Equity release can be a good way for older people to benefit from some of the value locked up in their homes without having to move to a smaller property.
But signing up for an equity release deal is a significant commitment, and it is important to do your homework in advance to ensure you know how the scheme works and whether it is right for you.
Here are five warning signs that should give you pause before you agree a deal.
1. You don’t have a “no negative equity”guarantee
On a type of equity release plan known as a lifetime
mortgage, interest is charged on the money you borrow against the value of your home.
This interest mounts up over the years and is only repaid when you die or move into long-term care.
But most reputable providers will offer a “no negative equity” guarantee, which means the amount of interest plus capital you owe can never exceed your property’s value. Check that this guarantee is offered on any scheme you are considering.
If the provider is a member of the Equity Release Council they have to adhere to a set of standards, one of which includes the no negative equity guarantee.
2. You haven’t consulted your family
Taking out equity release on your home is likely to have an impact on the inheritance you will be able to leave to your relatives (see point 4, below).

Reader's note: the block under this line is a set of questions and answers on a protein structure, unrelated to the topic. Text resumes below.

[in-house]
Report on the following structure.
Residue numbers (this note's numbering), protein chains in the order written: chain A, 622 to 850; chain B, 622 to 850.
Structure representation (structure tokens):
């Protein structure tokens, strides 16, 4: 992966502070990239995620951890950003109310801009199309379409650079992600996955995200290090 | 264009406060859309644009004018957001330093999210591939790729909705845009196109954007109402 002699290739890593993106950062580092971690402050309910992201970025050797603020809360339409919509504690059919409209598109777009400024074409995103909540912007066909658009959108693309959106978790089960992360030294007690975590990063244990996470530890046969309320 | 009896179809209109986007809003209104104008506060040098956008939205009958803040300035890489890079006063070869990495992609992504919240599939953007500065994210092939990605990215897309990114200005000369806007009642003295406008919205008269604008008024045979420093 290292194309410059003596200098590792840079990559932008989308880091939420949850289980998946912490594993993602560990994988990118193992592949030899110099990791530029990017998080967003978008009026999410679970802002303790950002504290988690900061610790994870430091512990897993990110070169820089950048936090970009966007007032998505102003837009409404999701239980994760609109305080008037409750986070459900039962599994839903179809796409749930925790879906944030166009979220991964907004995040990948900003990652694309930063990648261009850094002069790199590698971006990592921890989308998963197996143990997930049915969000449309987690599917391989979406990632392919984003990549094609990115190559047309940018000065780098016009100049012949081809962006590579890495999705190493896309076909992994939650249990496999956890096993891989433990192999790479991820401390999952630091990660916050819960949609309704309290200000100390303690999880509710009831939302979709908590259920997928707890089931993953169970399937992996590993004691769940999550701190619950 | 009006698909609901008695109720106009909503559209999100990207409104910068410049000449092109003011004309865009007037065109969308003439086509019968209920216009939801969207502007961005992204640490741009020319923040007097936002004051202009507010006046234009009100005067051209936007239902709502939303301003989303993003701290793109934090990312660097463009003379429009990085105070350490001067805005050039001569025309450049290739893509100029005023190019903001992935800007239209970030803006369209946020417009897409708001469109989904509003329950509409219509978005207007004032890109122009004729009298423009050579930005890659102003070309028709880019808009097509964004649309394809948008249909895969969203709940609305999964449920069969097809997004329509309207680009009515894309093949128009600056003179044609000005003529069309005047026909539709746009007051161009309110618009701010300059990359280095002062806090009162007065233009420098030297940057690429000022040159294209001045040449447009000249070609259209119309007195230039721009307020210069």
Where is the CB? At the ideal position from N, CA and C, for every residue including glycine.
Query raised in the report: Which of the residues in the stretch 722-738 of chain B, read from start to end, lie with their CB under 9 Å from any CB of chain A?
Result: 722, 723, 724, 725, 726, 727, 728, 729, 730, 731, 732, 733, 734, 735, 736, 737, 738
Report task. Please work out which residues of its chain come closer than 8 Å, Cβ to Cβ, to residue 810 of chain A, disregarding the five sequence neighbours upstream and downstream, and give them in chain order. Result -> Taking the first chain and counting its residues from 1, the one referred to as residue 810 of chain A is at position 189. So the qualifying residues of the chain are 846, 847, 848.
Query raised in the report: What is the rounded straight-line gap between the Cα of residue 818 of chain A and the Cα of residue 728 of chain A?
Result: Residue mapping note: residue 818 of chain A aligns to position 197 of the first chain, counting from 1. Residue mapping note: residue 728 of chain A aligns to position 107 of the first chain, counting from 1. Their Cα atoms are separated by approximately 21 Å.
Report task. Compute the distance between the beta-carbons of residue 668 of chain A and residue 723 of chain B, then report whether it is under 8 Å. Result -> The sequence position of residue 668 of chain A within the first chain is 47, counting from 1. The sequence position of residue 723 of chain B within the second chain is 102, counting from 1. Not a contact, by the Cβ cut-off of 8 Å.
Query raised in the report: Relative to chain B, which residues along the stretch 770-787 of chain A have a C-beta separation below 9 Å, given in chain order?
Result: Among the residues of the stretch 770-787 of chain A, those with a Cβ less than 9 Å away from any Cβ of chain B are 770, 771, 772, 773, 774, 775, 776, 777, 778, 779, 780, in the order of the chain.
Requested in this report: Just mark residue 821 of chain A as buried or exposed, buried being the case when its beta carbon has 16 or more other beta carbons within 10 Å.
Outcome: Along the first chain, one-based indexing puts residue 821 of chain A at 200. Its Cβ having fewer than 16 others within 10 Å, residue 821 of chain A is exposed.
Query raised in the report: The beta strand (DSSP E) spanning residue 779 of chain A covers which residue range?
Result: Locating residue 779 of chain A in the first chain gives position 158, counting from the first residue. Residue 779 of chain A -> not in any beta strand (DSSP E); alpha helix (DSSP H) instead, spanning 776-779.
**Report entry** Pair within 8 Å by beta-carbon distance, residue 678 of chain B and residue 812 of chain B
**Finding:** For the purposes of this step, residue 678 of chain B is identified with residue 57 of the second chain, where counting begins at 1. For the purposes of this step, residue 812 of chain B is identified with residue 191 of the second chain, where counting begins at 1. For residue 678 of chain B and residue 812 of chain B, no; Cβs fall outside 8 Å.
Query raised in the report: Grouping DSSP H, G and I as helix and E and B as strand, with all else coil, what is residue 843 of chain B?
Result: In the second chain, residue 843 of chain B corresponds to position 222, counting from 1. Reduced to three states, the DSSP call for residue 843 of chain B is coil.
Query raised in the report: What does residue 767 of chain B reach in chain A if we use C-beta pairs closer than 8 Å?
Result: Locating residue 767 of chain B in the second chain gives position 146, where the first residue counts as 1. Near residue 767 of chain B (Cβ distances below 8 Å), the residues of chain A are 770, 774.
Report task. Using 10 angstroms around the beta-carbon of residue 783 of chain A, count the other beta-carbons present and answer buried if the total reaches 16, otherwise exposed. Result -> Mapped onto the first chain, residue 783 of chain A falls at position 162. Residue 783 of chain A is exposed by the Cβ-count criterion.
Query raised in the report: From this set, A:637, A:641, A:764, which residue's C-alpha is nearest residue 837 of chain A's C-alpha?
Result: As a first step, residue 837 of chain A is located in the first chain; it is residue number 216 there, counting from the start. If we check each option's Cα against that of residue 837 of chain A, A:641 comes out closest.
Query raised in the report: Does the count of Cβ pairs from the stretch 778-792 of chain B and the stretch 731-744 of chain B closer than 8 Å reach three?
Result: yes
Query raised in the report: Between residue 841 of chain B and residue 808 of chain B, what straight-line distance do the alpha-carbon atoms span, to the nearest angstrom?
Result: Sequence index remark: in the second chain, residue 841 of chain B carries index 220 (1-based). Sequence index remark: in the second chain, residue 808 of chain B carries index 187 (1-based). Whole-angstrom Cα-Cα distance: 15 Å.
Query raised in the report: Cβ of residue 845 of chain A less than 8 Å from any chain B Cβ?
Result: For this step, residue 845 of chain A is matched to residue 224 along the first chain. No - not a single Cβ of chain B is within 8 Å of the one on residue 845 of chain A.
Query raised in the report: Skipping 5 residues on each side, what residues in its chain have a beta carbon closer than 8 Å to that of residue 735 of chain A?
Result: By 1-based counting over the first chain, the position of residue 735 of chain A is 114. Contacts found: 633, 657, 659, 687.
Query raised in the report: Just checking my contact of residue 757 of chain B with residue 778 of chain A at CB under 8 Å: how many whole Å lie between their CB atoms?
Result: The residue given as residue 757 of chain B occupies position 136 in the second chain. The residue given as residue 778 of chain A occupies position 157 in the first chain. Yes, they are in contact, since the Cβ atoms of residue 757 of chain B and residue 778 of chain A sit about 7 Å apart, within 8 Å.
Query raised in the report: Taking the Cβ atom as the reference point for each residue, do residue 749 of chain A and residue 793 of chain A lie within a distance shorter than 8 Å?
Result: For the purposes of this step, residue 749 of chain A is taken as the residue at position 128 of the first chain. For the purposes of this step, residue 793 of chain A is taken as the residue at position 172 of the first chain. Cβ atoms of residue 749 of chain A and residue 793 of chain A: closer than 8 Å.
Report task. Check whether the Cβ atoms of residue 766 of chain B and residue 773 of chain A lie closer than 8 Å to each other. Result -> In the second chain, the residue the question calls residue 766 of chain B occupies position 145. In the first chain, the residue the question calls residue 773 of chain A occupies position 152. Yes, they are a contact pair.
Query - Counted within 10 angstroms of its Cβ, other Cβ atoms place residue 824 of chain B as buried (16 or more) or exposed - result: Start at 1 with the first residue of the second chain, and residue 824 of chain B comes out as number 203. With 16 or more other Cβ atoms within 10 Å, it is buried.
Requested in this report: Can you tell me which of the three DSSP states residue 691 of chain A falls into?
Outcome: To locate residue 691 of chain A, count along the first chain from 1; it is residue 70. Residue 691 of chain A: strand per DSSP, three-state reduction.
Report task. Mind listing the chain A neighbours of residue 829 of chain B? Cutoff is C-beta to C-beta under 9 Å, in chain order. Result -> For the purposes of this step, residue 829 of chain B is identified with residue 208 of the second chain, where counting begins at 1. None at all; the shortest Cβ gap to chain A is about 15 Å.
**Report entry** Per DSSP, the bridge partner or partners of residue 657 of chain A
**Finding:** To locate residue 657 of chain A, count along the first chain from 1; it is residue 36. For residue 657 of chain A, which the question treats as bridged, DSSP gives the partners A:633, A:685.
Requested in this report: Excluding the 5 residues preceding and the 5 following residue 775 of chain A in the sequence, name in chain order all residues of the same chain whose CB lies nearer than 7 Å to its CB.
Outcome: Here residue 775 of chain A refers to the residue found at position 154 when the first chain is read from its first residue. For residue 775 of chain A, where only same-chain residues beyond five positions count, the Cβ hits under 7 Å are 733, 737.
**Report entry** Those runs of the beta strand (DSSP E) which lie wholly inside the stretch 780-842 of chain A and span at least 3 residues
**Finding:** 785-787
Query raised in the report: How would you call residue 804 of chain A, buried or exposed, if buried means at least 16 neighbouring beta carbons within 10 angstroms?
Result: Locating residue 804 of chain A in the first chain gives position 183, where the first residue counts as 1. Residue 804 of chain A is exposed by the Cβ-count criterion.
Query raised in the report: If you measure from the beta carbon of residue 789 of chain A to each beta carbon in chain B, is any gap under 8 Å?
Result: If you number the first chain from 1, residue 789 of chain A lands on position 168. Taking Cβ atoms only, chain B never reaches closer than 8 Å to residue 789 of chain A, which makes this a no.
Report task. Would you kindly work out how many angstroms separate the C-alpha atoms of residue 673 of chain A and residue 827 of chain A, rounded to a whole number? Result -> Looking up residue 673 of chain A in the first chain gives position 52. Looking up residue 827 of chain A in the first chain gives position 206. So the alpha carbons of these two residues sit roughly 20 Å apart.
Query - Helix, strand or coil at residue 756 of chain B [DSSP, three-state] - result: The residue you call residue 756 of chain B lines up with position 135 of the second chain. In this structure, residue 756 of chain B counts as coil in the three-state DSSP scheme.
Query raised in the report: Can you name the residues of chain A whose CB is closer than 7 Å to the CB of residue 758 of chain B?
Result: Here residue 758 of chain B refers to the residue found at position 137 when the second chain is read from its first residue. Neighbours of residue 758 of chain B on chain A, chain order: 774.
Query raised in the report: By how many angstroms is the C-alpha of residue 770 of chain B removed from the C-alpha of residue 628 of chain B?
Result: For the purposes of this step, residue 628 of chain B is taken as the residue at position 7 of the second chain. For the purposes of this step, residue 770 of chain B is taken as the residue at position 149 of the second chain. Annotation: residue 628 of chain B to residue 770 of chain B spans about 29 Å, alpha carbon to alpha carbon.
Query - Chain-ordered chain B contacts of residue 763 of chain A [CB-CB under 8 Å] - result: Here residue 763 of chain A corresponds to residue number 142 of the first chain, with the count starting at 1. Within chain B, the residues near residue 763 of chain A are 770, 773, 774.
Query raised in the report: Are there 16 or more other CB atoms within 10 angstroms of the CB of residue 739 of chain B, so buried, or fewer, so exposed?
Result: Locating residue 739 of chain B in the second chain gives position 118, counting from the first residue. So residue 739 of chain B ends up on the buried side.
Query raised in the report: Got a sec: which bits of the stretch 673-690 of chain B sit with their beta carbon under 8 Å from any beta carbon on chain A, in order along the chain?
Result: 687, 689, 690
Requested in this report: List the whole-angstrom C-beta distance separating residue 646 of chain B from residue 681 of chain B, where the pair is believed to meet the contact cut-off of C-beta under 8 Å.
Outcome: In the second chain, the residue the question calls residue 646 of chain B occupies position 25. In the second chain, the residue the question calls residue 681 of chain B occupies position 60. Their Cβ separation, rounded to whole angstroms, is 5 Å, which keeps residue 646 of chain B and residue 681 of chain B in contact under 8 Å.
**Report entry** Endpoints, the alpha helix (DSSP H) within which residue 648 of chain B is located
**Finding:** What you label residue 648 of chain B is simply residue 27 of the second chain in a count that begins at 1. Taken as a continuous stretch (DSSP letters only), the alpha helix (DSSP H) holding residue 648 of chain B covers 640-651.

As such, it is worth considering discussing your plans with them before deciding on a course of action.
A good adviser will allow and even encourage you to have a family member present at meetings.
3. You don’t know if you’ll be able to move house
While you might be happy in your home at the moment, as you get older you may need to move to more suitable accommodation, for example a bungalow or retirement village.
Check your provider’s policy on transferring
your equity release plan to a new house or flat – there are often limits on what type of property customers can move to while carrying on with their equity release deal.
4. You don’t know what inheritance you’ll be able to leave
As mentioned above, releasing equity from your home will diminish the inheritance you will be able to leave. But find out what your options are when it comes to safeguarding some of the value of your home for your family.
With a home reversion equity release scheme, you sell a share of your home to the provider. When the scheme ends and the home is sold, the provider is paid out of the proceeds but your family will be able to inherit the rest.
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5. You don’t know whether you’ll benefit from house-price rises
The type of equity release scheme you choose affects the extent to which you or your family will be able to benefit from future rises in house prices.
With a lifetime mortgage, you retain full ownership of the home and benefit from any value increases.
But with a home reversion scheme, you will only benefit from price increases on the portion of the property you still own.
It is important to get the right advice and ensure you speak to a qualified specialist equity release adviser. To find out more, click here: Saga Equity Release.
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